ES Review. Spanish Journal of English Studies

Journal Information
ISSN / EISSN : 2531-1646 / 2531-1654
Published by: Ediciones Universidad de Valladolid (10.24197)
Total articles ≅ 62
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Marta Bagüés Bautista
Es Review. Spanish Journal of English Studies pp 283-303;

This article explores the importance of the written word of the Holloway Jingles in the fight for female suffrage through the analysis of the Foreword, “There’s a Strange Sort of College” and “L’Envoi.” Firstly, it will focus on the importance of writing as a venting tool for the suffragettes and it will demonstrate the idealization of imprisonment in the collection by comparing it to realistic and autobiographical accounts of life in Holloway Gaol, as well as the relevance of such an idealization in order to strengthen the bonds between the suffragettes both inside and outside of prison. Secondly, it will explore the impact of the collection within the feminist movement relating it to Virginia Woolf’s and Mary Wollstonecraft’s ideas, thus focusing on a wider notion of justice and freedom that was essential for their emancipatory fight.
Aroa Orrequia-Barea, Encarnación Almazán Ruiz
Es Review. Spanish Journal of English Studies pp 127-153;

Due to Brexit, the UK has been involved in a continuous political debate between Boris Johnson, the Prime Minister, and Jeremy Corbyn, the leader of the opposition. This paper compares and analyses the modality used in a corpus consisting of their political speeches until Brexit day. Modal verbs are used to express ability, possibility, willingness, certainty, obligation and necessity. Politicians’ choice of certain words can be a useful tool to affect voters’ decisions and modality is a resource which reinforces that influence. The findings show remarkable similarities between both politicians and reveal that possibility is the most frequent meaning of the modal verbs used in the corpus.
Muqarram Khorakiwala
Es Review. Spanish Journal of English Studies pp 261-281;

Cultural identity in contemporary diasporic communities is dynamic, multifaceted, and cyclical. In the age of reflexive modernity, it is imperative to think about new ways of conceptualizing the experience of individuals straddling multiple geographies. A model of identity for such individuals should not only explain the plurality of “being” but also the fluidity of “becoming.” In this article, the question of multiple and shifting identities of the four main characters in Jhumpa Lahiri’s intergenerational novel, The Namesake, is explored using an interdisciplinary model from the field of business management based on Giddens’ theorization of reflexivity. The inward reflexive relationship between the “self” and the “other” through the discursive articulation of the ontological journey of the novel’s characters highlights the complex nature of diasporic identity construction.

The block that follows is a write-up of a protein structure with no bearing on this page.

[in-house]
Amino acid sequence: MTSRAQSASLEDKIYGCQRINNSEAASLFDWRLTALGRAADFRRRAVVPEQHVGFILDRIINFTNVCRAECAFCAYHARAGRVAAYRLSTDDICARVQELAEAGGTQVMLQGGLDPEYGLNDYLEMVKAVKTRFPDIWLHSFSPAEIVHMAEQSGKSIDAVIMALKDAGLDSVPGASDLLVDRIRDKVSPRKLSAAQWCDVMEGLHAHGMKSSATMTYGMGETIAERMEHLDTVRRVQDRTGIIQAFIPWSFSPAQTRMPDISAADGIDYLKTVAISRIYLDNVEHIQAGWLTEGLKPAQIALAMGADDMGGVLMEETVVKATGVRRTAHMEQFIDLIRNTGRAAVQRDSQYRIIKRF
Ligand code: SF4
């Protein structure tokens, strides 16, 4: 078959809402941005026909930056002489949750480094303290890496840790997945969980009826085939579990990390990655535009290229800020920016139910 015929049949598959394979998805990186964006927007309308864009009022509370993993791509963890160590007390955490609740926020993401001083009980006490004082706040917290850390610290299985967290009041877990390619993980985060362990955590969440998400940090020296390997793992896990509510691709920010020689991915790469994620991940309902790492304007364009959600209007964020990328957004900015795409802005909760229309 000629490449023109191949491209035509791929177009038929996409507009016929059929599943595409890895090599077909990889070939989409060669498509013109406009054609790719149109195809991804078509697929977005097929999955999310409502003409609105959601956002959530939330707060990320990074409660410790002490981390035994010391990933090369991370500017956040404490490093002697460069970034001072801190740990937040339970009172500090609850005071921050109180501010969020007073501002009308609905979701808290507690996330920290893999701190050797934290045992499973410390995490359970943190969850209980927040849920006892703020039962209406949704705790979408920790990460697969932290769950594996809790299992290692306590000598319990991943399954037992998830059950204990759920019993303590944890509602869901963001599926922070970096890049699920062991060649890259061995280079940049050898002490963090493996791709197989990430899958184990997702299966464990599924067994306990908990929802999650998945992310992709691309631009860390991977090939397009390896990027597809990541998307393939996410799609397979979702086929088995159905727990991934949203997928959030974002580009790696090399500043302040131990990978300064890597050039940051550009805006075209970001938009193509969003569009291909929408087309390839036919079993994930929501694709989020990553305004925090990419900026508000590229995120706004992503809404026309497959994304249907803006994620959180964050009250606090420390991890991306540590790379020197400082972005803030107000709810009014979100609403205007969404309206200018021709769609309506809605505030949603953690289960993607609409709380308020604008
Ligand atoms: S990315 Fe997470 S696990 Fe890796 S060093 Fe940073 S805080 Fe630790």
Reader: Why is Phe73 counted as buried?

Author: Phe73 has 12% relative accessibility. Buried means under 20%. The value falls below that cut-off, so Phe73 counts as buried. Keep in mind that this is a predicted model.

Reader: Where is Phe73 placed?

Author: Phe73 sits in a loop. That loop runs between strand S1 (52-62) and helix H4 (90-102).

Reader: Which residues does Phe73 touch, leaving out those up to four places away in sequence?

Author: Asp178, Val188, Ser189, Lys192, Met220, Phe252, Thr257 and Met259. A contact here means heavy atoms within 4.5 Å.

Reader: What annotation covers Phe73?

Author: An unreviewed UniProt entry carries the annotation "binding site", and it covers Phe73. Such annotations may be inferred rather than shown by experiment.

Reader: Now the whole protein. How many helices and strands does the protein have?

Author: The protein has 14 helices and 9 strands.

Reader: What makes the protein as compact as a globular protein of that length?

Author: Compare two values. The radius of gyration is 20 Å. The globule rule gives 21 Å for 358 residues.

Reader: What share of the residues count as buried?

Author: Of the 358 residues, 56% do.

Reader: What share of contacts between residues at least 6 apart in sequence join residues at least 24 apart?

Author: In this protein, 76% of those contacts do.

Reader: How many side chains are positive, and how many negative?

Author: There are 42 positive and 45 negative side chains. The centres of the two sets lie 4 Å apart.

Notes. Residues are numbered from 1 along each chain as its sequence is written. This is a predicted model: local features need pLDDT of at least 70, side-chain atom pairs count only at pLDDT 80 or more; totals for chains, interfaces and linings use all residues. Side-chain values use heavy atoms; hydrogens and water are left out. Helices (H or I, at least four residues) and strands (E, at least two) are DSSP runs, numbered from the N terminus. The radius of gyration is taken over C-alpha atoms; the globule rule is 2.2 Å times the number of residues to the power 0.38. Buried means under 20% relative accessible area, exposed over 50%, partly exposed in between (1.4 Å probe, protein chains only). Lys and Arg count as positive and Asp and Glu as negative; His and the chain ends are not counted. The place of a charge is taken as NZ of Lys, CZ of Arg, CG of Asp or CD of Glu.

Juan José Cogolludo Díaz
Es Review. Spanish Journal of English Studies pp 239-260;

Dante’s Divine Comedy had an enormous influence on Seamus Heaney’s oeuvre, especially from Field Work (1979) onwards. Heaney exploits the great Dantean epic poem to create a framework that allows him to contextualise some of the most painful political and social episodes in Irish history, namely the Great Hunger and the secular clashes between Protestants and Catholics. Heaney pays special attention to the problems originating from the outburst of the atavistic and sectarian violence—euphemistically known as “the Troubles”—between the unionist and nationalist communities in Northern Ireland as from 1969, causing great suffering and wreaking havoc on the Northern Irish population for decades.